Waiting on Wednesday...a time to put out there an upcoming release that I am really looking forward to. I have already preordered this one for my Nook, and I can't wait!

For all you historical fiction fans, this one will be a winner!

With their farm in Mica Creek, Washington facing foreclosure, seventeen-year-old Clara Estby and her mother, Helga, need to find a way to raise a lot of money in a short time--no easy feat for two women in 1896. Helga wants to tackle the problem with her usual loud and flashy style, while Clara, the oldest of the eight Estby children, favors a less showy approach. Though very different in personality, mother and daughter share a determination to save their family's home, so they come up with a plan to walk the 4,600 miles from Mica Creek to New York City--and if they can do it in only eight months, a New York City publisher has agreed to give them $10,000.

They set out with little more than ten dollars, two ponchos, and a gun. Along the way they go through sixteen pairs of shoes each, fend off snakes and highwaymen, and narrowly escape a flash flood. But they also meet the governor of every state they pass through and the wife of presidential-candidate, William Jennings Bryan, as well as shake hands with the new president himself, William McKinley. And with each new challenge they face, Clara and Helga come to rely on and respect one another for the very traits that make them so different.

Based on the true story of the author's great aunt and great-great grandmother, this is a fast-paced historical fiction adventure for 10-14 year-olds that sets the drama of Around the World In 80 Days against an American backdrop during the time of the suffragist movement, the 1896 presidential campaign, and the changing perception of "a woman's place" in society.

Tuesday, March 22, 2011

Top Ten Tuesday - Genres of Literature

Top Ten Tuesday is a time to share any top ten list that comes to mind...honestly, mine mainly have to do with reading or literature. Enjoy...

Top Ten Genres of Literature (in my opinion of course)...

1. Historical Fiction (any time period, but especially Colonial America/Civil War)

2. Nonfiction (specifically relating to historical events is most interesting in my opinion)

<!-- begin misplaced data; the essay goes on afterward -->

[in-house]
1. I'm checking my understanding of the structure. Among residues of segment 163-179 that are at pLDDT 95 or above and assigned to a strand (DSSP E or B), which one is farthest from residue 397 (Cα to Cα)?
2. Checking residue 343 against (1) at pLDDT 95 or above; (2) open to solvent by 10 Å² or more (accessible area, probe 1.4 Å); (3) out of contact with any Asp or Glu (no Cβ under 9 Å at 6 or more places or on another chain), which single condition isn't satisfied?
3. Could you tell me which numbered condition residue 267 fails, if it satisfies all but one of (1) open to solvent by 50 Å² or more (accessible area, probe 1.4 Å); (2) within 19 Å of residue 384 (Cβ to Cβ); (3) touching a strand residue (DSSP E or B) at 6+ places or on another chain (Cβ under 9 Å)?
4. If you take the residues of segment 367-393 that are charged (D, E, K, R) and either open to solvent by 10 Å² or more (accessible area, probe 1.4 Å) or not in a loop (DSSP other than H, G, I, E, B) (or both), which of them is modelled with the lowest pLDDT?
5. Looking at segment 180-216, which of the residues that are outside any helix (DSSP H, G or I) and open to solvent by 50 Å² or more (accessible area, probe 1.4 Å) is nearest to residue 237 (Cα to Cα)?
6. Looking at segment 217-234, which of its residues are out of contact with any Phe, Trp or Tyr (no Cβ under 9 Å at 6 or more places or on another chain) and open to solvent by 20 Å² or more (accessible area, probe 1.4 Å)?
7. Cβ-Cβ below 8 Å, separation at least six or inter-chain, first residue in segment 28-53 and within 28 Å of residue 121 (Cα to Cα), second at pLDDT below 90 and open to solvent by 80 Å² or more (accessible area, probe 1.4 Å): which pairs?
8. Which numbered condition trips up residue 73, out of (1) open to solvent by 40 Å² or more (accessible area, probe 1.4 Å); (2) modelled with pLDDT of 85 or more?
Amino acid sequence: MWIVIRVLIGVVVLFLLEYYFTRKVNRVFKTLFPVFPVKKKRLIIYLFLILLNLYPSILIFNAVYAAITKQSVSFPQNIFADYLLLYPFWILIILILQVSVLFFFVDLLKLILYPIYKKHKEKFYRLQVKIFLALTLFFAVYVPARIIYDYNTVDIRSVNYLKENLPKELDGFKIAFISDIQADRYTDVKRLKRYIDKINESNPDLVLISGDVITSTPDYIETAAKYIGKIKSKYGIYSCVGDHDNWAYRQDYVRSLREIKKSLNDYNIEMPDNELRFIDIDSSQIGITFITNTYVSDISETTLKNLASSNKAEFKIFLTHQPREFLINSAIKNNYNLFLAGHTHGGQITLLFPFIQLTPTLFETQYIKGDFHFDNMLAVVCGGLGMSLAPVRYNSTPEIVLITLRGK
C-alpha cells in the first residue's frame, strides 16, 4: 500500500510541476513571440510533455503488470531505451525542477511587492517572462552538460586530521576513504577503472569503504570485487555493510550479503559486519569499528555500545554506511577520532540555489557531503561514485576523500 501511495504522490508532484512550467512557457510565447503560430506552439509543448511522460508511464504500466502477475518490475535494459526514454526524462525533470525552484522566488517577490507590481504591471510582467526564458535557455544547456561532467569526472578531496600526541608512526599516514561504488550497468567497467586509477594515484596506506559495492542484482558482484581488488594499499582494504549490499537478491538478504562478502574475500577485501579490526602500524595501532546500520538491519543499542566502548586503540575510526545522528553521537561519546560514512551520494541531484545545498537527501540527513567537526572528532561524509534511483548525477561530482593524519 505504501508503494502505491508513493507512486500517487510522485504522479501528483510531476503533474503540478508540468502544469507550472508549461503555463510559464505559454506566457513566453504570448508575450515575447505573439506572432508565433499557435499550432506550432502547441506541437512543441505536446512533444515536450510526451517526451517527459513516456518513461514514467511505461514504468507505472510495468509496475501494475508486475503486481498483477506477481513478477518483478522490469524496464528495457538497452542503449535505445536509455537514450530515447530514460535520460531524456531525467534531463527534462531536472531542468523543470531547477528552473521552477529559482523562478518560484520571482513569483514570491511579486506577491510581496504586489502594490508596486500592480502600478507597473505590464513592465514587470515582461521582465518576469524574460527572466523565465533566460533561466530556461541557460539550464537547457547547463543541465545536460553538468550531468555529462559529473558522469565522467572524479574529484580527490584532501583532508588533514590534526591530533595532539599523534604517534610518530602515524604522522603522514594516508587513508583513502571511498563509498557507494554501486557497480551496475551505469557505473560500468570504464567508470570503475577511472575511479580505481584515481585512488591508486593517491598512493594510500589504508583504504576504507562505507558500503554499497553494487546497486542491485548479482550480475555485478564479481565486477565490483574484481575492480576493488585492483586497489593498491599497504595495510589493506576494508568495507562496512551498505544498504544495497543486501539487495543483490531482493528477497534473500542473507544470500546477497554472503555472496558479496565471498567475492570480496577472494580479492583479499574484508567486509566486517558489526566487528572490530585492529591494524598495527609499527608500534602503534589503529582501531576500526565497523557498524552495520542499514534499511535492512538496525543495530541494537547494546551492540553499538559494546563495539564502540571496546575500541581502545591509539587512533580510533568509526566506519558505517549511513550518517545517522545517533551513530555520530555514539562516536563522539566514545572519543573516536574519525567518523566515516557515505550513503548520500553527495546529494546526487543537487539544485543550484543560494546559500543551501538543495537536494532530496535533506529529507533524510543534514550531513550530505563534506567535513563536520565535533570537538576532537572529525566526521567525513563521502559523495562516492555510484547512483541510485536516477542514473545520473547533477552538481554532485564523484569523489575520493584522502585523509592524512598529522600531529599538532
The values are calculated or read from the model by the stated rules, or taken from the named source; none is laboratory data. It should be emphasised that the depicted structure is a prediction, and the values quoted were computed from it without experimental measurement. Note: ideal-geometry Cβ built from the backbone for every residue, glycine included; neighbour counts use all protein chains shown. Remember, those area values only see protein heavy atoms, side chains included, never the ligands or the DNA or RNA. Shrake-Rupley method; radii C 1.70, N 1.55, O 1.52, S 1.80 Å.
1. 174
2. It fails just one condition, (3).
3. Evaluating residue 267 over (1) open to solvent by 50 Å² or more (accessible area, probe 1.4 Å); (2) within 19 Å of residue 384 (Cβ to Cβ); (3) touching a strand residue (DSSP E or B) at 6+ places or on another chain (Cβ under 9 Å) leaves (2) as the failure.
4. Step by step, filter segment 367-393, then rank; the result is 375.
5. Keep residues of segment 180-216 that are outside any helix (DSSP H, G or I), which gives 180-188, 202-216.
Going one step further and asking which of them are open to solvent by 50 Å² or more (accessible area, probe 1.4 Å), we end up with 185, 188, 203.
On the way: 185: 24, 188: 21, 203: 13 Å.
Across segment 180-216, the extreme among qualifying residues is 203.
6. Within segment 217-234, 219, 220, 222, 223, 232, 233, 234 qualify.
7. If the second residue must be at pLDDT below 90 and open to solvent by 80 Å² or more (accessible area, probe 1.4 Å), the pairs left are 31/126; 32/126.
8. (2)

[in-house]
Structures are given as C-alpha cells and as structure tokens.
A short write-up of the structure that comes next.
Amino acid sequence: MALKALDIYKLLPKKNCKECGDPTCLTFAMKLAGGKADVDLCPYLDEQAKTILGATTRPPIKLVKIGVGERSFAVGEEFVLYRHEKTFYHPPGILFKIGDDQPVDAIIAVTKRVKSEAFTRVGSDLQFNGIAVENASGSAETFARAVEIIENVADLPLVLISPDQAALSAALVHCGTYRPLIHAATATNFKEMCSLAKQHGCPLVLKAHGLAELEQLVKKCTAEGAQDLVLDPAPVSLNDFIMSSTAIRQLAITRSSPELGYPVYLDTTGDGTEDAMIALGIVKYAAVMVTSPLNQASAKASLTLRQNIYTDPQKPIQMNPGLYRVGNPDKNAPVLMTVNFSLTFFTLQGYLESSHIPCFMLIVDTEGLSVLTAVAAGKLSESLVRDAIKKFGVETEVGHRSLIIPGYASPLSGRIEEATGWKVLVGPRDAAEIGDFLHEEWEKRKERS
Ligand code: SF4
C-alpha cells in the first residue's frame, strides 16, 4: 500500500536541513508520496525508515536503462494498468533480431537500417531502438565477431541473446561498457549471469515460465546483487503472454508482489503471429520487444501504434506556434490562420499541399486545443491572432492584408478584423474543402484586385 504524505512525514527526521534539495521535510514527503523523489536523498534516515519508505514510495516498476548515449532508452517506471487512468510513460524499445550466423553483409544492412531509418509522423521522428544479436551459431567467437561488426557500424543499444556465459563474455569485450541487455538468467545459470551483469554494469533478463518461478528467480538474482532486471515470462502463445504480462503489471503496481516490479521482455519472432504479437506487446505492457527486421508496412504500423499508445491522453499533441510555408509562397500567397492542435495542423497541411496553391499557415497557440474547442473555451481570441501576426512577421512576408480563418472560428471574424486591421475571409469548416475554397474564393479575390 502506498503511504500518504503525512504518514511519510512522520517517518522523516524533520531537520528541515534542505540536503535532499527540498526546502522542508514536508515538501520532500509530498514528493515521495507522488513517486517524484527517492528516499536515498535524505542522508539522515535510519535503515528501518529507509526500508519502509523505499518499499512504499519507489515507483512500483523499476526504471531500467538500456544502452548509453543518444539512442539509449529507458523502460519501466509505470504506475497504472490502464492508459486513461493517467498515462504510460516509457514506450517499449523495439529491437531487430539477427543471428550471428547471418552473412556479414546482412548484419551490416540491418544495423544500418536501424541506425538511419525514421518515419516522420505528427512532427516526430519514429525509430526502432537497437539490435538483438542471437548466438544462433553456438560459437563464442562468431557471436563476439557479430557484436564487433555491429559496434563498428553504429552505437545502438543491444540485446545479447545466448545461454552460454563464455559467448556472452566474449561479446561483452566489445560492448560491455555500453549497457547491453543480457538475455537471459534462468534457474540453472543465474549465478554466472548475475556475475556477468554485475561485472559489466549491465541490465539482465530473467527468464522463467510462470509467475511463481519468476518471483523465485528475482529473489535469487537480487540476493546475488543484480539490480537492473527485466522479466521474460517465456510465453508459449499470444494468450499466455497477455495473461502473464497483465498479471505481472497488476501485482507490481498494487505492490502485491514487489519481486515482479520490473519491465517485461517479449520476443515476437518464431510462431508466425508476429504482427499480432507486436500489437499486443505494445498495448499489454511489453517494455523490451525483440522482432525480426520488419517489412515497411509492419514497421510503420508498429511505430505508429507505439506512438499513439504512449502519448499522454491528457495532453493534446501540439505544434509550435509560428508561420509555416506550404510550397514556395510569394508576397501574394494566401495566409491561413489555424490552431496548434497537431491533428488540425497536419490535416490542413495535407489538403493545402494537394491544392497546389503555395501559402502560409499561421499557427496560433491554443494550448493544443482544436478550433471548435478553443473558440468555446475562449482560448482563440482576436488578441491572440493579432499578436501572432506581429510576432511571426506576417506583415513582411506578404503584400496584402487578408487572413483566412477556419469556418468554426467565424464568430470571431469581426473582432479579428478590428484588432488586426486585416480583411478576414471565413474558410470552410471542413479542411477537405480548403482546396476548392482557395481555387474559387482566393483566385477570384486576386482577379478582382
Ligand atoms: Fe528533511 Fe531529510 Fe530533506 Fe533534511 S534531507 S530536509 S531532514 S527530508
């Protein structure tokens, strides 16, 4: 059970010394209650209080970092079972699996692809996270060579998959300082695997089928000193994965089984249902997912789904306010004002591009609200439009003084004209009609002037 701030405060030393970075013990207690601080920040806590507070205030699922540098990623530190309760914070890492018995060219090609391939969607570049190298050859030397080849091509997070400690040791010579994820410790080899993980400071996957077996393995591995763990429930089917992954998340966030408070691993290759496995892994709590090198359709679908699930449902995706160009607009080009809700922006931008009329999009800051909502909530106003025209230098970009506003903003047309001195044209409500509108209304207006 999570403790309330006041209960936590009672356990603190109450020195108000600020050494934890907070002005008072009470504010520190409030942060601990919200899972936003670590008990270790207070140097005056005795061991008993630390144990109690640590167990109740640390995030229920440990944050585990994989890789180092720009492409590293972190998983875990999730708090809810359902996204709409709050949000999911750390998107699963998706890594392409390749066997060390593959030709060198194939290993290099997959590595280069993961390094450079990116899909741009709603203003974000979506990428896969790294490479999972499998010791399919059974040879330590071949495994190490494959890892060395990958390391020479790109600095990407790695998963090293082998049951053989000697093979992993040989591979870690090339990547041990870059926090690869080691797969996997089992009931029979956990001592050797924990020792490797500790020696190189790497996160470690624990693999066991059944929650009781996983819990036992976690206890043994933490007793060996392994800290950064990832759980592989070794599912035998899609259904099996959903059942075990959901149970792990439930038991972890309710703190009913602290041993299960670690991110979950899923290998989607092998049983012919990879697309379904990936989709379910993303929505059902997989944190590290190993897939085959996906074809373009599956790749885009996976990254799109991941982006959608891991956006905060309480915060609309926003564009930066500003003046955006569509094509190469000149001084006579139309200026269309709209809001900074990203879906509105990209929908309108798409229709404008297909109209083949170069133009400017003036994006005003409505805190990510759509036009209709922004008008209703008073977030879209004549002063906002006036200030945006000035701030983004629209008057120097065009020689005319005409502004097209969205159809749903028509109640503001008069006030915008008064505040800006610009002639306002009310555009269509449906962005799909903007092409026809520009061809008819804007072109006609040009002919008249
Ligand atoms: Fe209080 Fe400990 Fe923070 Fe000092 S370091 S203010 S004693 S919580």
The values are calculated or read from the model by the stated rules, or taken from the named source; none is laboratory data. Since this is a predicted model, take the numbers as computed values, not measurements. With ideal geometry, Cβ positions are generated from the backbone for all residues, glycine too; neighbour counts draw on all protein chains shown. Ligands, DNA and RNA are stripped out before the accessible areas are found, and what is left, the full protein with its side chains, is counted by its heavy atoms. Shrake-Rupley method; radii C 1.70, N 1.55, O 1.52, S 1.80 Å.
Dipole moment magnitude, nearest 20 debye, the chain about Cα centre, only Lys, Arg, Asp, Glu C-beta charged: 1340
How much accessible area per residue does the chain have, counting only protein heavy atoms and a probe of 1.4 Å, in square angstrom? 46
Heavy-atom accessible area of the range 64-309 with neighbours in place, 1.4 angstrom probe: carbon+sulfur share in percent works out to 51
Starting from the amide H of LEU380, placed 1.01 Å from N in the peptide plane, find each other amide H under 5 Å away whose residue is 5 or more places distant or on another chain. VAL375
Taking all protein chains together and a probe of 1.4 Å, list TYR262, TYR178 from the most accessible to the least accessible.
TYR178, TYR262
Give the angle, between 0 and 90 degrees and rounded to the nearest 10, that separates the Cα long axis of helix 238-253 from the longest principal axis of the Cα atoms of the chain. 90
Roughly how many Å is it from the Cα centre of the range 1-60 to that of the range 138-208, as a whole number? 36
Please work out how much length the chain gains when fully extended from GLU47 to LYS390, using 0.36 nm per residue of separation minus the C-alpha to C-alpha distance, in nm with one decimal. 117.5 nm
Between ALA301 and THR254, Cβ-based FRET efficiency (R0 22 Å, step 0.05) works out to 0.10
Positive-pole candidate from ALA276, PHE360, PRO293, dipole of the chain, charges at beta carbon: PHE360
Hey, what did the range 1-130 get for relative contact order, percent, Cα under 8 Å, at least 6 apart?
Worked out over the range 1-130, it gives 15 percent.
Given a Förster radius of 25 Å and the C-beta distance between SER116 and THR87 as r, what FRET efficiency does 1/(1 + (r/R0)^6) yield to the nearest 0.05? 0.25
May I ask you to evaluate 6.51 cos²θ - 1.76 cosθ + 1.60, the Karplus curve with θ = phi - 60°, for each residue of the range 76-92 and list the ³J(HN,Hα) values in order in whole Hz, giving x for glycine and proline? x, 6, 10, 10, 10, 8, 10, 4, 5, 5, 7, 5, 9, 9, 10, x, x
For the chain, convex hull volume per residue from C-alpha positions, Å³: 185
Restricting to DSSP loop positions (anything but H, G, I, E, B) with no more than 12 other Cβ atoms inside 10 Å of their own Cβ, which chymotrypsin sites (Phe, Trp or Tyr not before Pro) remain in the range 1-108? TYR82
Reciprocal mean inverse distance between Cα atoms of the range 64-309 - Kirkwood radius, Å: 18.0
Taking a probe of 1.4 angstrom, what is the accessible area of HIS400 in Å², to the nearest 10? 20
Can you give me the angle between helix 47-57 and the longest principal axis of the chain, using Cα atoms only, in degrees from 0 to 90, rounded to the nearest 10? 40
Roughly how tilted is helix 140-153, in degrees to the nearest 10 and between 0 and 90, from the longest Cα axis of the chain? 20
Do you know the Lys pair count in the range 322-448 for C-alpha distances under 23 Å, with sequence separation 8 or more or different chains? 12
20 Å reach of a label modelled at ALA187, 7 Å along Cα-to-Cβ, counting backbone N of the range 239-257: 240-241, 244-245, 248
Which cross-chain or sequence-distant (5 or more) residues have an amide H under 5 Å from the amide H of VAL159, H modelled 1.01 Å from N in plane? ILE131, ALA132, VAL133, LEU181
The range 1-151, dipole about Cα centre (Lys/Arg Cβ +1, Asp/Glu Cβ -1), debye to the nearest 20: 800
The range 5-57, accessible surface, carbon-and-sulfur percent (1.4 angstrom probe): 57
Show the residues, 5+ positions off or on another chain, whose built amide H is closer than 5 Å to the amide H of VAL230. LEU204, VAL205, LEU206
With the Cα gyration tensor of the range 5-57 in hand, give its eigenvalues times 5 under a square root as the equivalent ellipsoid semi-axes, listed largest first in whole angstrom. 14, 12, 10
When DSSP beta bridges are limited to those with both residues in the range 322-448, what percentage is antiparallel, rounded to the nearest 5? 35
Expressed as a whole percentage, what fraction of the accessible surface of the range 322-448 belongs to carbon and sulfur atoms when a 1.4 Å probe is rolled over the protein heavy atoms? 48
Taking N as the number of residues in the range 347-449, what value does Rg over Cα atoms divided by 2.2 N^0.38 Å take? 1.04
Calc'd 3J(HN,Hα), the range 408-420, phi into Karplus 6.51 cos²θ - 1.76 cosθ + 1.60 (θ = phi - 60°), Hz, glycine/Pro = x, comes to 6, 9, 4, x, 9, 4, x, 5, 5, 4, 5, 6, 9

3. Biographies (I love them on anyone, I read a biography about Charles Darwin this past summer that was fascinating and I didn't even think I was interested in him)

4. Realistic Fiction (this is the most popular genre of YA lit, so naturally I would love it)

5. Folklore - Myths/Legends/Fables (I teach these in my Native American unit each year, the kids love them)

6. Drama (I do like some drama, but not all - can't really stomach the Shakespeare stuff)

7. Short Story (I love short stories...and we read them so much in the classroom due to time constraints)

8. Narrative Nonfiction (informational but still tells a story)

9. Humor (It's good to laugh, right?)

10. Poetry (As I have gotten older poetry has grown on me, and now that I'm a mom, I find myself picking up poems for my kids that I think they'll love and pondering the deeper level ones for the meaning of life - haha!)

And then there are those that didn't even make the fiction, fantasy, horror, mystery. Y-U-C-K.

Friday, March 18, 2011

Happy Baby = Happy Family

Like just about every other kids over the past month, our youngest has been S-I-C-K. We had JUST gotten him sleeping through the night, walking and starting to talk when - WHAM, sickness was at our door.

After a week of it, we are finally on the upswing but it has been a rough week to say the least. I was playing with the kids last night and captured some cute pics of our youngest, Boy #2.

This one is a cute one, if you can ignore all of the food on his face...

I guess after all of the exhaustion this week, a nap on the carpet was in order...

We die laughing each night because when he sits in his seat to eat, he pushes his toes up against his looks almost painful, but he doesn't seem to mind! Little feet are so cute...

Book Loves Nook, Nook Loves Boy

If you follow this blog at all you know that I recently received a Nook. I am obsessed with it, and it absolutely has revolutionized how reading fits into my schedule. However, I am not the only one who loves this captivating electronic device.

Needless to say, I probably have just as many children's books on here as I do adult books, and Boy #1 is quite adept at navigating his way right to what he wants.

Recently, we downloaded Jack and the Beanstalk, and the new game is to search for giants in the woods on the way to school in the mornings. Since our drive is before the sun comes up, and along a two lane back road, it makes it extra fun to see if we spot these elusive beings on the roadside.

We have downloaded so many other great reads, but Boy #1's favorites are the "Read to Me." These books will actually read out loud to him as he swipes the pages - too neat!

Momma ends up checking everyday just to catch deals, because they are updated daily and if you don't keep up with it, you miss them.

As awesome as the Nook is, it does not deter us from the library, where we still make weekly visits. There is nothing like a real library book to hold in your hands.